The Troggs-PREHISTORIC SOUNDS CD (Tendolar bootleg, country of origin unknown)

What the world needs is a good Troggs bootleg, and since this is the only Troggs bootleg I know of why should anyone complain. The early BBC sessions (taken from some Troggs radio special complete with a Reg Presley interview) for once don't sound like distant waves from Belgium and it's always great hearin' things like "Wild Thing" performed with an acoustic guitar, not to mention a "Love Is All Around" with a different if annoying chord progression. It's also a kick giving a listen to Presley wrap his vocal cords around "Little Green Apples" which kinda makes me wonder if he was aping his namesake during the Vegas years perhaps a little too much! The rare b-sides are mostly throwaways which I guess is why they never did get the legit reissue treatment, but don't let that discourage you because closing out the platter are some pretty hot live at Max's tracks that come off particularly power-packed even  with some of the technical goof ups. As far as bootlegs go this is a topper, but what potentially great Troggs boot would've been complete without some of their commercial material stuck on! I haven't had the opportunity to give a listen to their take on the Miller's High Life theme and hey, I've been waiting three whole decades to hear Presley croon the infamous words "When it's time to relax..."

Ton Steine Scherben-WARUM GEHT ES MIR SO DRECKIG? CD (David Volksmund Produktion, Germany)

First and best of these krautsters' long line of agitprop proto punk platters that might have seemed rather hippoid over there in Bratwurstland but sound rather refreshing these ways. True, parts do sound rather 1970 commercial rock as in AM Top Forty pop funk bell bottoms and headbands, but the overall effect is kinda like Kama Sutra/Richard Robinson-produced Flamin' Groovies/Hackamore Brick album that went straight from the "new releases" section to the 99-cent bin. And if the axis won World War II you can bet this (along with the Zuno Keisatsu album reviewed last week) would be proudly displayed in the cutout stack at your local bund!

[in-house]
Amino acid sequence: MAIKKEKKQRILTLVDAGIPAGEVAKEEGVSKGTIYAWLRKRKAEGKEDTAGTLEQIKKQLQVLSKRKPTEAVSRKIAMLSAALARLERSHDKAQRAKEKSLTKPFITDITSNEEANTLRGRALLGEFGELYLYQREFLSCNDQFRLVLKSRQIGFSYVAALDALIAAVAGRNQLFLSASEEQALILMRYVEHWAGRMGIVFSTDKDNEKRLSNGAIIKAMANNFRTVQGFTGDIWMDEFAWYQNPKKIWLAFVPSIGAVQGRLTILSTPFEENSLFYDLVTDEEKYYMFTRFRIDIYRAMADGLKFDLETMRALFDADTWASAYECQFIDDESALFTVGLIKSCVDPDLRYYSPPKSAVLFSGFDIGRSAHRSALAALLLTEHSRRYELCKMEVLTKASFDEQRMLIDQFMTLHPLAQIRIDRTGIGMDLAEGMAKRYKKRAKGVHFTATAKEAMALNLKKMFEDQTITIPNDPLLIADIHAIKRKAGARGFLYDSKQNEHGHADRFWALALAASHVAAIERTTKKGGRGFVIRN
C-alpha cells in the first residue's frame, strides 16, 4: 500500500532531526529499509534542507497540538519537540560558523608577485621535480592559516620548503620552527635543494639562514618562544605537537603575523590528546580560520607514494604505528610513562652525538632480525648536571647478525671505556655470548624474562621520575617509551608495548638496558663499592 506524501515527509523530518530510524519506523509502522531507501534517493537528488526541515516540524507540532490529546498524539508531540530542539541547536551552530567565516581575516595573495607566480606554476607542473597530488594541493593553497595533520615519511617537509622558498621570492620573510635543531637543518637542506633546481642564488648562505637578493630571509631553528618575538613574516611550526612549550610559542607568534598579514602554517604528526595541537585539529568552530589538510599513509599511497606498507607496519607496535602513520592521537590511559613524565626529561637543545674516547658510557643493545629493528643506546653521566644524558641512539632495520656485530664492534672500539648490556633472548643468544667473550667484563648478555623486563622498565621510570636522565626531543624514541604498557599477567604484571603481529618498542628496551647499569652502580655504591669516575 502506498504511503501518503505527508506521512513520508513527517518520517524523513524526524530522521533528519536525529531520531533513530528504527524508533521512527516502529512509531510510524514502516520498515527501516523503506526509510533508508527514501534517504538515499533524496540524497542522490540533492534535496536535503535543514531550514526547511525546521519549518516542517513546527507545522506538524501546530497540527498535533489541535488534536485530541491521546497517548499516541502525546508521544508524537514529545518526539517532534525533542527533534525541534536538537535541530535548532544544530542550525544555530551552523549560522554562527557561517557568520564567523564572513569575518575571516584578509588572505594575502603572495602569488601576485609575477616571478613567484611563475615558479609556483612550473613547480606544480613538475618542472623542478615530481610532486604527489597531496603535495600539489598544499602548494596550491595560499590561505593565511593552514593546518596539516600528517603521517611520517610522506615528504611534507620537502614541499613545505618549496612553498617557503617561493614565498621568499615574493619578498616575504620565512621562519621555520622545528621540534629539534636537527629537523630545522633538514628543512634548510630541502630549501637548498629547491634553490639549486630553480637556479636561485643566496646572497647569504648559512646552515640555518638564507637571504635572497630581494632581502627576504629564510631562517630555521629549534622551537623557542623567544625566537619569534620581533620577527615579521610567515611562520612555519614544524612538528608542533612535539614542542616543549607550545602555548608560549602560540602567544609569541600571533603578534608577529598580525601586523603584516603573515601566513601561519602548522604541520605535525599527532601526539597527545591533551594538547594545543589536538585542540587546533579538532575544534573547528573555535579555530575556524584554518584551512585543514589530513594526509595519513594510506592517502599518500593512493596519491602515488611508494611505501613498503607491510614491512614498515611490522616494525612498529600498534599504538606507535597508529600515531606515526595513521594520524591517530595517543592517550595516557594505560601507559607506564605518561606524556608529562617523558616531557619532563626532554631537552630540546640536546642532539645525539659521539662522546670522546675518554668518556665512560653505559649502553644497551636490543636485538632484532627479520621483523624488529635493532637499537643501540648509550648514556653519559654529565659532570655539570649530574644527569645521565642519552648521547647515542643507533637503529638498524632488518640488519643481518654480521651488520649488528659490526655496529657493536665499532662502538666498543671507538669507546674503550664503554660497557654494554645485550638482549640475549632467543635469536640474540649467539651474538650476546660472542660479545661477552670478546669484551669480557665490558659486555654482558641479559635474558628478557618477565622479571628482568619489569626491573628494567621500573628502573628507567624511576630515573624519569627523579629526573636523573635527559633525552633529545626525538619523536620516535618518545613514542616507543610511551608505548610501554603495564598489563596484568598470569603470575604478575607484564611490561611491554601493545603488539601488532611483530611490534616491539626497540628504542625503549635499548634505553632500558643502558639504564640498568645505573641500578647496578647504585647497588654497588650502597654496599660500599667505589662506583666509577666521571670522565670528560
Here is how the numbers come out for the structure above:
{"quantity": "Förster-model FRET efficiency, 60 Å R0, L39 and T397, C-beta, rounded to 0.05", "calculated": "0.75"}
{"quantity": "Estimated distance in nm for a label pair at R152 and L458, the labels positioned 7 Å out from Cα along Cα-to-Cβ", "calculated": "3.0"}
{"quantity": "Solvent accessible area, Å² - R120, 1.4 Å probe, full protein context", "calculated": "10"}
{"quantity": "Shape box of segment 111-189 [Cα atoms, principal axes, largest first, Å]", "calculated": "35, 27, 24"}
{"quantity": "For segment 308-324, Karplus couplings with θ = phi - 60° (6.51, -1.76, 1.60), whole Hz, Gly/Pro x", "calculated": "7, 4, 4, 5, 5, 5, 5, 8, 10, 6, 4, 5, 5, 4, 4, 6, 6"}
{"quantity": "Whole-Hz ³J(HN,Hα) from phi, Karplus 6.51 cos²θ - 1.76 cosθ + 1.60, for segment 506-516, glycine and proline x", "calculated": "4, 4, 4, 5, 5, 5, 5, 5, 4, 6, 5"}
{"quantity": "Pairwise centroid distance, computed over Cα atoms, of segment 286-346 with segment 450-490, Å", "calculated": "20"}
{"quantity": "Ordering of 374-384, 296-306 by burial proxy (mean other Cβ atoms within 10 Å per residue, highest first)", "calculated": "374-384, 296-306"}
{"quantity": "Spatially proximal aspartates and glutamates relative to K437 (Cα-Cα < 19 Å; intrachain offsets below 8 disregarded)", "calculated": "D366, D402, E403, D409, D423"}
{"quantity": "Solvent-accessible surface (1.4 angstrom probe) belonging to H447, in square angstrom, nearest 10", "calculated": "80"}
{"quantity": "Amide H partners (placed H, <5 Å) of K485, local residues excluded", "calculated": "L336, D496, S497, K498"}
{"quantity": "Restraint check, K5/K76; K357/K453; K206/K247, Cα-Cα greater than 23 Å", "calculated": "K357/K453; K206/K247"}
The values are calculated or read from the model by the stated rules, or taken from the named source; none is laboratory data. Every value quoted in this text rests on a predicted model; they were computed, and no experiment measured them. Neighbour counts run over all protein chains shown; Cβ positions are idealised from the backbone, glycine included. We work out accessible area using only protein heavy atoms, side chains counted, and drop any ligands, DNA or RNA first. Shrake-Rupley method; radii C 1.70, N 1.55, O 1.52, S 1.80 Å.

BEFORE I GO, I was wondering if any of you readers have been following the BBC Jimmy Savile underage gal (and boy) sex scandal that's been plaguing the long-running British network for the past few months or so? Nothing there that would really be of interest to the regular BLOG TO COMM reader true, but considering that now longtime BBC disc jockey John Peel's corpse has been dragged into the fray maybe some of you will now feign interest. Perhaps you've read about the revelations of his romance and knocking up of a fourteen-year-old (OK, maybe she was fifteen!) child suddenly coming to light, which just goes to show you how sick in the head some of our "heroes" could be! I guess that's one reason I always say that you should "SEPARATE THE MUSIC FROM THE RECORDING ARTIST!", or in this case separate the public entertainment figure from his private persona and personal "tastes" which you might have agreed upon at some time in your life even if the guy was as sick and as wanton as one could imagine. Well, another thing I will say before shutting my trap for the next few days is that the term "John Peel Session" will certainly have a new and extremely different meaning from now on, and if you have any equally witty one-liners regarding the current controversy please do send them in!

*not my exact prediction but close enough, sunshine!